Then a moment’s re­flec­tion brings a simple ques­tion: why? What is driving this de­sire for pun­ish­ment, what is the emo­tional and polit­ical eco­nomy be­hind it? Revenge and pun­ish­ment are ob­vi­ously being fore­grounded here, but what is being ob­scured, dis­guised, denied, suppressed?

There are two sep­arate is­sues here, first the ori­ent­al­isa­tion of sexual vi­ol­ence and miso­gyny, and second the ex­cep­tion­al­isa­tion of rap­ists (at least those of Occidental ex­trac­tion). Separate, but re­lated, as both func­tion to pre­clude a cul­tural self-​analysis in Western so­ci­eties. As Emer O’Toole has observed:

Commentators here are using the event to sim­ul­tan­eously de­monise Indian so­ciety, li­onise our own, and min­imise the enormity of western rape cul­ture.2

According to such com­ment­ators we should re­call the ‘mur­derous, hyena-​like male con­tempt’ that Purves says is an Indian cul­tural norm.3 O’toole continues:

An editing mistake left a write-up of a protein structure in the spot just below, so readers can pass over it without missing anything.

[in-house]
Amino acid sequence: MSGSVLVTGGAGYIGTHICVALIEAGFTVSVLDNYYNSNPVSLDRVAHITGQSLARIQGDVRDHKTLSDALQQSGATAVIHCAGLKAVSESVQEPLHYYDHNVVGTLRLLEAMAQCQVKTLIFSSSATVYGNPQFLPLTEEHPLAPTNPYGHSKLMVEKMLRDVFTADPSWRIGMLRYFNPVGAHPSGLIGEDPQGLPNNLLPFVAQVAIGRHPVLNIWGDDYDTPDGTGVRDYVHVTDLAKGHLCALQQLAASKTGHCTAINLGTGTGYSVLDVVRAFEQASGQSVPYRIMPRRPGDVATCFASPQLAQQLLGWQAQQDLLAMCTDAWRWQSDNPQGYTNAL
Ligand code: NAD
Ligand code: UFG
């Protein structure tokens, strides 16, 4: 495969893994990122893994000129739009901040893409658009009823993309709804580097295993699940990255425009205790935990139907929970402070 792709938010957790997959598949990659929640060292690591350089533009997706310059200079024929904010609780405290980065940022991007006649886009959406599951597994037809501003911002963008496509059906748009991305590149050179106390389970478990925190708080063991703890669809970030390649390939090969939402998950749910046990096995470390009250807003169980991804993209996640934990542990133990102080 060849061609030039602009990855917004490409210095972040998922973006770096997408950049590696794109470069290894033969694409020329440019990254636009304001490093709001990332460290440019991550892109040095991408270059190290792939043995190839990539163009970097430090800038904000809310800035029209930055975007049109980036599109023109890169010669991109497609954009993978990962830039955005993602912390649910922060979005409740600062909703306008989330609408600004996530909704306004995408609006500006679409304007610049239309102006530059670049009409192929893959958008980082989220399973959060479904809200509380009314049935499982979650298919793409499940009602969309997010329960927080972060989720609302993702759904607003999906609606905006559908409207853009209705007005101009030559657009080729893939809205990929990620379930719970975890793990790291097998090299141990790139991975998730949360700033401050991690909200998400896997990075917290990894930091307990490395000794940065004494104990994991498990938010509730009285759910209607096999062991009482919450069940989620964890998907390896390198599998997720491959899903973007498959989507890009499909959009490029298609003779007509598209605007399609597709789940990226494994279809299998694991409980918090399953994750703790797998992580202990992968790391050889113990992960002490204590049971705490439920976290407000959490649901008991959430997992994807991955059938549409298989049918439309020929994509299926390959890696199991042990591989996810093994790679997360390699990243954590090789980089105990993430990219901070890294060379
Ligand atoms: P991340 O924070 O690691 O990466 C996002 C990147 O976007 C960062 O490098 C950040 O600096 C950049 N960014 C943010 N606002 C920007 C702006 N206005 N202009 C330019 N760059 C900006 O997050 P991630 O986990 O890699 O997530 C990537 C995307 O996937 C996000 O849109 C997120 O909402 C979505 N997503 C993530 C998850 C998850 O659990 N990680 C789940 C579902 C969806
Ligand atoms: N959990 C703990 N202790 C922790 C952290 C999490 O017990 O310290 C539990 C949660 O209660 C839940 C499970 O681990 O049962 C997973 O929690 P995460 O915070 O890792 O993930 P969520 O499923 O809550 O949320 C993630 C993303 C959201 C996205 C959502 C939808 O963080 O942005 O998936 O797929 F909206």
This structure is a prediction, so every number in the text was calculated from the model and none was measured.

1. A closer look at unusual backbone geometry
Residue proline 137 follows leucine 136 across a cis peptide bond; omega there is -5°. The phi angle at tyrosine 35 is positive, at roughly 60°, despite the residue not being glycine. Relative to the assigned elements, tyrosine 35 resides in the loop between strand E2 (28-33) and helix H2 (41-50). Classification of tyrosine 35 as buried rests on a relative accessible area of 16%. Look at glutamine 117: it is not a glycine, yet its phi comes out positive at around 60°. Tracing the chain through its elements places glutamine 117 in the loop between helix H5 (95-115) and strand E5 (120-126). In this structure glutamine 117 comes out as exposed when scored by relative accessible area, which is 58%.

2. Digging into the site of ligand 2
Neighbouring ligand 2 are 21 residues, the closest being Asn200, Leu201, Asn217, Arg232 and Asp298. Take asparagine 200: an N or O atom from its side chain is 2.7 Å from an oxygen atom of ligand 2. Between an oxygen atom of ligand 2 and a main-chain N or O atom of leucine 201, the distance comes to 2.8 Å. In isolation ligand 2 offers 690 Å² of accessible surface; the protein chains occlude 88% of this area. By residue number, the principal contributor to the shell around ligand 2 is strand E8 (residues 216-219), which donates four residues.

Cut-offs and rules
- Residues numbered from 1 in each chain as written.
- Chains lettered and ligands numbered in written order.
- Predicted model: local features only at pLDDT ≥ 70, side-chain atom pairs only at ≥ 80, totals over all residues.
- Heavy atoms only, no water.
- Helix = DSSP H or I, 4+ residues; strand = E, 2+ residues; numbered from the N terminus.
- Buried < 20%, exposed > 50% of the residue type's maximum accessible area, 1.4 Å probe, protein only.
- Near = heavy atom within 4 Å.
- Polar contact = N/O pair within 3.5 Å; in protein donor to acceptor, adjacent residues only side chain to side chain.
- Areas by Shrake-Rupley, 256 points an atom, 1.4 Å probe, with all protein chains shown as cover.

Neatly ex­cised from her ac­count how­ever is the re­la­tion­ship between poverty, lack of edu­ca­tion and re­pressive at­ti­tudes to­wards women, and, by ex­ten­sion, the role of Europe in cre­ating and sus­taining poverty in its former colonies.

This link between poverty, the ex­ploit­a­tion it fa­cil­it­ates, and miso­gyny and sexual vi­ol­ence seems to me multi-​valenced and in­cred­ibly im­portant; so im­portant in fact that it has be­come the ob­ject of a deep-​set re­pres­sion and denial. Crucially, both are un­der­stood as ‘free floating bad things’ ab­er­ra­tions with no sys­temic logic, or at most — and only in the darker na­tions — as patho­lo­gies ex­plic­able through ‘local’ cul­tural conditions.